India FM radio
Abuzz with activity
The year gone by was a time when years of hard work
and patience finally paid off for the radio industry
in India. It was a year of intense competition,
aggressive marketing and marginal creativity as
private FM finally flowered in metros as well as tiny
towns throughout the nation.
Big 92.7 FM promotion
© Big 92.7 FM
Even though advertising crept up only slowly, and the
government continued to pussyfoot around the issue of
allowing news and current affairs on private radio,
the mood stayed upbeat throughout the radio industry.
With phase II of FM opening up the industry for
private players, there was no holding back.
Consider these figures. In 2006, 26 private FM
stations were operationalised. In contrast, AIR saw
ten FM stations operationalised in 2004 and an equal
number in 2005, with just two in 2006.
By October 2007, a total of 281 FM channels include
161 of All India Radio and 120 privately owned
channels were operational.
By the year end, there was a scramble among operators
to put up stations in the 91 cities for which licenses
had been doled out - held up in many places by the
government's delay in activating the transmission
towers. It was no mean task. Entities like Big FM and
Sun's SFM have a quota of 45 stations each to put up,
Mirchi has 32 and Bhaskar, the late entrant hurried to
put up 17 stations on air. Most have reached their
targets, some like BAG Films' Dhamaal is yet to launch
in four cities, and India Today's Meow has five more
cities in its kitty.
But more than these numbers, it was programming and
marketing of stations that were put up in a hurry that
hogged the limelight. A trove of radio jockeys was
unearthed from various corners of the country (some
poached, a lot honed) to give that much needed edge to
the programming, while contests and on ground events
(particularly in the small towns) jostled for listener
Meow FM logo. Meow FM targets female listeners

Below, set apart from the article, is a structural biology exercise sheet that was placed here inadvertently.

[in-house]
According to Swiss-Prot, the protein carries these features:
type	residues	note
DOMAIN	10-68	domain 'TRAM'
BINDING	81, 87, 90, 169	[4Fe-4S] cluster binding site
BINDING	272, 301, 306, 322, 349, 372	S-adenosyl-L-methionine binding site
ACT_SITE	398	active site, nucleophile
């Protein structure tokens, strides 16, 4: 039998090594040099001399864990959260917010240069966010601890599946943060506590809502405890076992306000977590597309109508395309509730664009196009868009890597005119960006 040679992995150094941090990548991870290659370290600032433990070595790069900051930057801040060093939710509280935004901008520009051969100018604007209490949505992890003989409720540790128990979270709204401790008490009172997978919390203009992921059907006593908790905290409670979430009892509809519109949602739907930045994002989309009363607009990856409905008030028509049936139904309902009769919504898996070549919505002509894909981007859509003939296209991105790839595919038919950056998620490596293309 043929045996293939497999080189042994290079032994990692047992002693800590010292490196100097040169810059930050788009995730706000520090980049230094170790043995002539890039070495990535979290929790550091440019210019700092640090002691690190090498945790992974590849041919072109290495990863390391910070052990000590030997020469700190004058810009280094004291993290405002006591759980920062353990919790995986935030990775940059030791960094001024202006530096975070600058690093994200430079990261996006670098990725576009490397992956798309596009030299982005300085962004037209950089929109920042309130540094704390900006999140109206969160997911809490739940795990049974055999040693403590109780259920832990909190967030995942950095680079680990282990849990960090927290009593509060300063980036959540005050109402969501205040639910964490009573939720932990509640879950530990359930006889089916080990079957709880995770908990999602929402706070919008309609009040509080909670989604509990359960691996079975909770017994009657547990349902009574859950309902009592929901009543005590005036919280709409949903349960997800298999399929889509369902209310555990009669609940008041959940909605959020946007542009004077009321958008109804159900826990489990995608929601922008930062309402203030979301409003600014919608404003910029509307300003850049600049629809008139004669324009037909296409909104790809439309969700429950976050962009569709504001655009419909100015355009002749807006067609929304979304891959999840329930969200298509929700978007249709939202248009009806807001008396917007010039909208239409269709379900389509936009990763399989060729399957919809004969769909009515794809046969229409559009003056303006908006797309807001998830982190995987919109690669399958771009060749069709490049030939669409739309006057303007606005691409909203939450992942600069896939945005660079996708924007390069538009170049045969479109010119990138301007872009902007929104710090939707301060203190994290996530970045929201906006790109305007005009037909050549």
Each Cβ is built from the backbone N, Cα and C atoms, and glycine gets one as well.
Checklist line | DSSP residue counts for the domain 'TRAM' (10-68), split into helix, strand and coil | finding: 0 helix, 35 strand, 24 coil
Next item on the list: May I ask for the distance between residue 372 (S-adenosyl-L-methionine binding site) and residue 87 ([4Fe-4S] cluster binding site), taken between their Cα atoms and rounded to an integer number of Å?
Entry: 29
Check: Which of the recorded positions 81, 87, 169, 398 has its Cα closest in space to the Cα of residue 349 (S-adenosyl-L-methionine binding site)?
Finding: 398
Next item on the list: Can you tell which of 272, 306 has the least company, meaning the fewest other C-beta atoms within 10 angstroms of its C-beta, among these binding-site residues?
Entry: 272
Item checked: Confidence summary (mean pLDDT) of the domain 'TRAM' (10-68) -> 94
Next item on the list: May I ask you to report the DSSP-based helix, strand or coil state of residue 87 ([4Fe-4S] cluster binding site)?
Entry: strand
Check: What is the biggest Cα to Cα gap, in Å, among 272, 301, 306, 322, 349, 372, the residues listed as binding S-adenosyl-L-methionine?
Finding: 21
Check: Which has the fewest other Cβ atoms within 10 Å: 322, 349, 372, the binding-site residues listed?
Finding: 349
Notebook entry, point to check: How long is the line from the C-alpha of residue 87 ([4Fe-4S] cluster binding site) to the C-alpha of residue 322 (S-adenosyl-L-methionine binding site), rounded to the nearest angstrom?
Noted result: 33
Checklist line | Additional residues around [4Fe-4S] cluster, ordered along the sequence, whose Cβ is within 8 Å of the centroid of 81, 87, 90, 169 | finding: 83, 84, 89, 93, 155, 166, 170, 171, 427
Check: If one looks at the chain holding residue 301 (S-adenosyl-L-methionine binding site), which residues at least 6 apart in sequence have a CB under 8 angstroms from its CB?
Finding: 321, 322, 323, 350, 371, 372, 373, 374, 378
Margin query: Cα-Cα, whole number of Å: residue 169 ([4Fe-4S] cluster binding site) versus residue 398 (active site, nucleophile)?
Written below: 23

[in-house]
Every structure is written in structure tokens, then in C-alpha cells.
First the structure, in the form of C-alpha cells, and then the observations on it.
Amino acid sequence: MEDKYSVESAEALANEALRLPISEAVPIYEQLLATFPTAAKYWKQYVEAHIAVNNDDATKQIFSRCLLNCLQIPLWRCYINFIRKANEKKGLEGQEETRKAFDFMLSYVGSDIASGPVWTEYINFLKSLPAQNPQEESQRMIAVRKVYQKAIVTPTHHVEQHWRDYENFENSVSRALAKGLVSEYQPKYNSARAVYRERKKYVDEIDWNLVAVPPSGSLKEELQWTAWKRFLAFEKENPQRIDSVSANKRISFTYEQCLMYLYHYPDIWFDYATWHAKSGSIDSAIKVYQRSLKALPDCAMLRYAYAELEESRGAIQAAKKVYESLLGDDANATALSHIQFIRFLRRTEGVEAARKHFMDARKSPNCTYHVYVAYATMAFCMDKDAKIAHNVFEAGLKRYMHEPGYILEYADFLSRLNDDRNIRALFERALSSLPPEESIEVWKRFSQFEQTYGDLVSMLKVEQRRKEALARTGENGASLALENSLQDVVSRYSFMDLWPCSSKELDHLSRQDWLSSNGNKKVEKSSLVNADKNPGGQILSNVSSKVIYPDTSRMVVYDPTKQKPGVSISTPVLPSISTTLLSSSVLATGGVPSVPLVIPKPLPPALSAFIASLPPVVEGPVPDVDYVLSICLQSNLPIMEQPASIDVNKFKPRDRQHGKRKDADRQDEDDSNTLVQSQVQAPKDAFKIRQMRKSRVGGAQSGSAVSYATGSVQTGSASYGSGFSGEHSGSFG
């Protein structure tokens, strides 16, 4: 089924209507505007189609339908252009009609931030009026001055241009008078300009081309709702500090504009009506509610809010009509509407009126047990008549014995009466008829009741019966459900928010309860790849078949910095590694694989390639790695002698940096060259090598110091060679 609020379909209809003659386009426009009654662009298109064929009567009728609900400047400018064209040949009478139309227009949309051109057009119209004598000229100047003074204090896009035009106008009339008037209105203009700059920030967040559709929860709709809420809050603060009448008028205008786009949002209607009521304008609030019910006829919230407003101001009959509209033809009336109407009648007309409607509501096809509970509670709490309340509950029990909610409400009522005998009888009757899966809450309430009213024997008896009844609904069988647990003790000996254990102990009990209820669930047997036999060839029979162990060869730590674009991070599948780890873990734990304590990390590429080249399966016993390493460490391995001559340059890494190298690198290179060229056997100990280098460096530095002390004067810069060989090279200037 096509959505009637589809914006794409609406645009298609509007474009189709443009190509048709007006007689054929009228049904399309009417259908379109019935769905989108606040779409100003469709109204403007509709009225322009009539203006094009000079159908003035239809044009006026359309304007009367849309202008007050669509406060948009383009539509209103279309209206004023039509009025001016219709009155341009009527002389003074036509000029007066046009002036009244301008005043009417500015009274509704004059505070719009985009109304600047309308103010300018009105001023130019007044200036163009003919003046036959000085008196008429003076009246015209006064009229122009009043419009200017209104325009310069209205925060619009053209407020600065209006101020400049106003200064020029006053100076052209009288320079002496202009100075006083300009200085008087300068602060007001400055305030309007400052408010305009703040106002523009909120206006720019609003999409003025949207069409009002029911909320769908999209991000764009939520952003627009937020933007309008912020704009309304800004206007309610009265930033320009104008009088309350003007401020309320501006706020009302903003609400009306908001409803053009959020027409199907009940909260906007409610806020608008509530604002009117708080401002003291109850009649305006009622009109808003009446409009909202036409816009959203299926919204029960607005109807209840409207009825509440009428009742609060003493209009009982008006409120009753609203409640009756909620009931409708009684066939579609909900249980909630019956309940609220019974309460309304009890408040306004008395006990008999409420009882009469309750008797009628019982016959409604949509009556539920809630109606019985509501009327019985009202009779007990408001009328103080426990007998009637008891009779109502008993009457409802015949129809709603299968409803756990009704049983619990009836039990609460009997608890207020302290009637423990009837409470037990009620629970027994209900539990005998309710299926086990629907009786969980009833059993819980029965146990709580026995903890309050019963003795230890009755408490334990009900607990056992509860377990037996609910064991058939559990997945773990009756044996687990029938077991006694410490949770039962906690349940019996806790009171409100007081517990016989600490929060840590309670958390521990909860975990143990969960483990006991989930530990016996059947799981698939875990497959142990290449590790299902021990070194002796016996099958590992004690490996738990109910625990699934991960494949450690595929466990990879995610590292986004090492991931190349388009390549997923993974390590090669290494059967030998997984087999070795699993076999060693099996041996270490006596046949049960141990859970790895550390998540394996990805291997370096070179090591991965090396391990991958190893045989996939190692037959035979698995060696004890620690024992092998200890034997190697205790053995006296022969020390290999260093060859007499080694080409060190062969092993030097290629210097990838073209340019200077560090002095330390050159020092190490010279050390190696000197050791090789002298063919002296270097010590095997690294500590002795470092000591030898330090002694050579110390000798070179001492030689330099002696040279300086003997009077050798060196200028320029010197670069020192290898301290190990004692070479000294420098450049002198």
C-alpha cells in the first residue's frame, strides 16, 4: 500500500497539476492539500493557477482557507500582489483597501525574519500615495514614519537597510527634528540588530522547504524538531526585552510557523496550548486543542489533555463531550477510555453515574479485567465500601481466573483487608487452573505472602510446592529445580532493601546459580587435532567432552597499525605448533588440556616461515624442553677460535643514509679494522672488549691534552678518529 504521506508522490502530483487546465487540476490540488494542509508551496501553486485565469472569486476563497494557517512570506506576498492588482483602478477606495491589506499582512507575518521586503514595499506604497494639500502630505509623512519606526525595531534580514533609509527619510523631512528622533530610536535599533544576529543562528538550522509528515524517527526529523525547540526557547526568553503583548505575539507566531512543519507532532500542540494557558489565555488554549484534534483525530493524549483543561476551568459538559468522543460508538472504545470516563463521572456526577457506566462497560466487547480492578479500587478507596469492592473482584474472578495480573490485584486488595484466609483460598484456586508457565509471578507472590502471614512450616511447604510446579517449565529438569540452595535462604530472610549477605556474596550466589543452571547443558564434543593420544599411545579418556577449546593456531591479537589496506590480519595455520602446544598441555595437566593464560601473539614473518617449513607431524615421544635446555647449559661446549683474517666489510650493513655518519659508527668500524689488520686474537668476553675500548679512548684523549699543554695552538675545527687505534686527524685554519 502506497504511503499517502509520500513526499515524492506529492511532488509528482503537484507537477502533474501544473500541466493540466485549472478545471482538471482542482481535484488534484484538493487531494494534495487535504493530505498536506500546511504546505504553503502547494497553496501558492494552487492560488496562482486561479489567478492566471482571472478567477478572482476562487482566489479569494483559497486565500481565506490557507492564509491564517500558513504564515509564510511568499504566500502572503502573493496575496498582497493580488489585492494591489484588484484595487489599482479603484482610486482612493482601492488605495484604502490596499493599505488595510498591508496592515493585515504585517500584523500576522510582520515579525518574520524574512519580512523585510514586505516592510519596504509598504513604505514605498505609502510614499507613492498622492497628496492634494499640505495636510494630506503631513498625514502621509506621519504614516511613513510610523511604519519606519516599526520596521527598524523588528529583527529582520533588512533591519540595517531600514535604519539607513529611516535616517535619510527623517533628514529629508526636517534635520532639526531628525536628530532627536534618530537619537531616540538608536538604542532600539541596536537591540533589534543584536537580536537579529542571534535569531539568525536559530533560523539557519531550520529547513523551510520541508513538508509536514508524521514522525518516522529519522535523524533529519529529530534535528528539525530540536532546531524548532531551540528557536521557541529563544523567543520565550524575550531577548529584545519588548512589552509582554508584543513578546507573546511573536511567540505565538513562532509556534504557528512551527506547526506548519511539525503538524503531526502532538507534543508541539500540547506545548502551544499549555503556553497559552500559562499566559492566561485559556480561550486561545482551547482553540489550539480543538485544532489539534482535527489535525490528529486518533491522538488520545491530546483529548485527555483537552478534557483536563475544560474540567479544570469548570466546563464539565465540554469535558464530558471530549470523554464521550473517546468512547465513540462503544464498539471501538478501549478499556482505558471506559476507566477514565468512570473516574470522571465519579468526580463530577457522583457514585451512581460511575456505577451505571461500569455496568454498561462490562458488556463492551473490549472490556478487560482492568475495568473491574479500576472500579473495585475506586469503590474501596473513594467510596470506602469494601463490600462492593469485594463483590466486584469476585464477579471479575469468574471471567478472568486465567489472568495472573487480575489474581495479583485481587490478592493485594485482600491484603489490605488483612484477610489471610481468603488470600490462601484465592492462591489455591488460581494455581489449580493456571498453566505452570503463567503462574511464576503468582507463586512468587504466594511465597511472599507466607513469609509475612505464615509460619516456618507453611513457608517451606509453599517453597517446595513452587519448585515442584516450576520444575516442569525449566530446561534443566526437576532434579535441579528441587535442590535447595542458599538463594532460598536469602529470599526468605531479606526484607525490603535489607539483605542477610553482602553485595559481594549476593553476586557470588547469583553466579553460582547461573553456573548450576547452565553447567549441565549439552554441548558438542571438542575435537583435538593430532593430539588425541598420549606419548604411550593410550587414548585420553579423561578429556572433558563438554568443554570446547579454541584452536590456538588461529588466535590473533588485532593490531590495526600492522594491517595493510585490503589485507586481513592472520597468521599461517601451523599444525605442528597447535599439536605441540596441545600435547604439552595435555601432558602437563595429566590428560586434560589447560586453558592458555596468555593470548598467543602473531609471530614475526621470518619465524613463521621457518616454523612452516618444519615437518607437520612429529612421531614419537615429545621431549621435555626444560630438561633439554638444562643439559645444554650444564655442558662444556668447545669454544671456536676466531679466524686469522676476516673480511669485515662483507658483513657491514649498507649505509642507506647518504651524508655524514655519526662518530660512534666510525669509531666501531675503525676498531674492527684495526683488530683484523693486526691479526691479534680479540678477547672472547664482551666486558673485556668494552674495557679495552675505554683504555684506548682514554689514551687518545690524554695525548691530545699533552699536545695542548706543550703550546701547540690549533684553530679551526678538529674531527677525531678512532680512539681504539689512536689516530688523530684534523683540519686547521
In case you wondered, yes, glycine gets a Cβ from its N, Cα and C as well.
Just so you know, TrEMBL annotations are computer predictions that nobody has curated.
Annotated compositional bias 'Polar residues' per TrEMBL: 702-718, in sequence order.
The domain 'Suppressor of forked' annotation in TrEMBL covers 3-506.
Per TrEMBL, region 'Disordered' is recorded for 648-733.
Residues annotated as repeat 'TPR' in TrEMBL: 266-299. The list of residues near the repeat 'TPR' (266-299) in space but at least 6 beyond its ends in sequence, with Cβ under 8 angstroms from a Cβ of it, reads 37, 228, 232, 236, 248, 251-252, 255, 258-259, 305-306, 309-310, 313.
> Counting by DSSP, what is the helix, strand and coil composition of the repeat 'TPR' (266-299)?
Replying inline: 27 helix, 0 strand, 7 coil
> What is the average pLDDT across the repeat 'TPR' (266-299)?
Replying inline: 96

© Meow FM
The core content, despite the operators' insistence to
the contrary, stayed what the listener apparently
wanted the most - Bollywood music.
Music all the way
They gave it their own tags - superhit music, hot
adult contemporary music, latest hits - but the fact
remained that recent Bollywood music played on most
stations throughout the day, with experiments like
western music and 'old' tracks relegated to the very
early mornings or the very late nights.
Very few, like Radio Indigo and Fever played
differential western music and could attract only
niche audiences, and fewer like Meow FM decided to
take the 'talk' format and address the female audience
directly. While Meow claimed that it had managed to
hook the feminine ears in both Delhi and Kolkata, the
other stations played safe and stuck to the 'less
talk, more music' formula.
The innovations came in other forms - Big FM devised a
100 chartbuster formula, to keep playing the 'most
wanted' music all the time, while Radio One went for
the 20 20 format to keep the elusive listener hooked
to a show. "The 20 minute format works on the
principle that if a listener is listening to an
average time of 20 minutes, the programming mix is
designed to achieve that," officials averred, when the
format launched in June.
Radio City amplified its outlook with the Whatte Fun
concept, that started with a music video and spun
across programming to become a microsite of its own,
which will probably have a larger life of its own in
2008. Big FM's new digital division will be another
entity to watch out for in 2008; launched in the last
part of '07, it began small with a podcast of its
Bangalore station but promises a lot in the digital
SFM 93.5 logo. One of India's new FM stations.
© SFM 93.5
It was the myriad contests that remained the nectar to
attract the bees, however. In the absence of a regular
audience tracking methodology till October end, when
TAM's Radio Audience Measurement came into being,
contests and big prizes stayed the carrots with which
stations enticed listeners, who in the absence of
differential programming, exhibited no real station
CSR also remained a strong buzz word on radio - from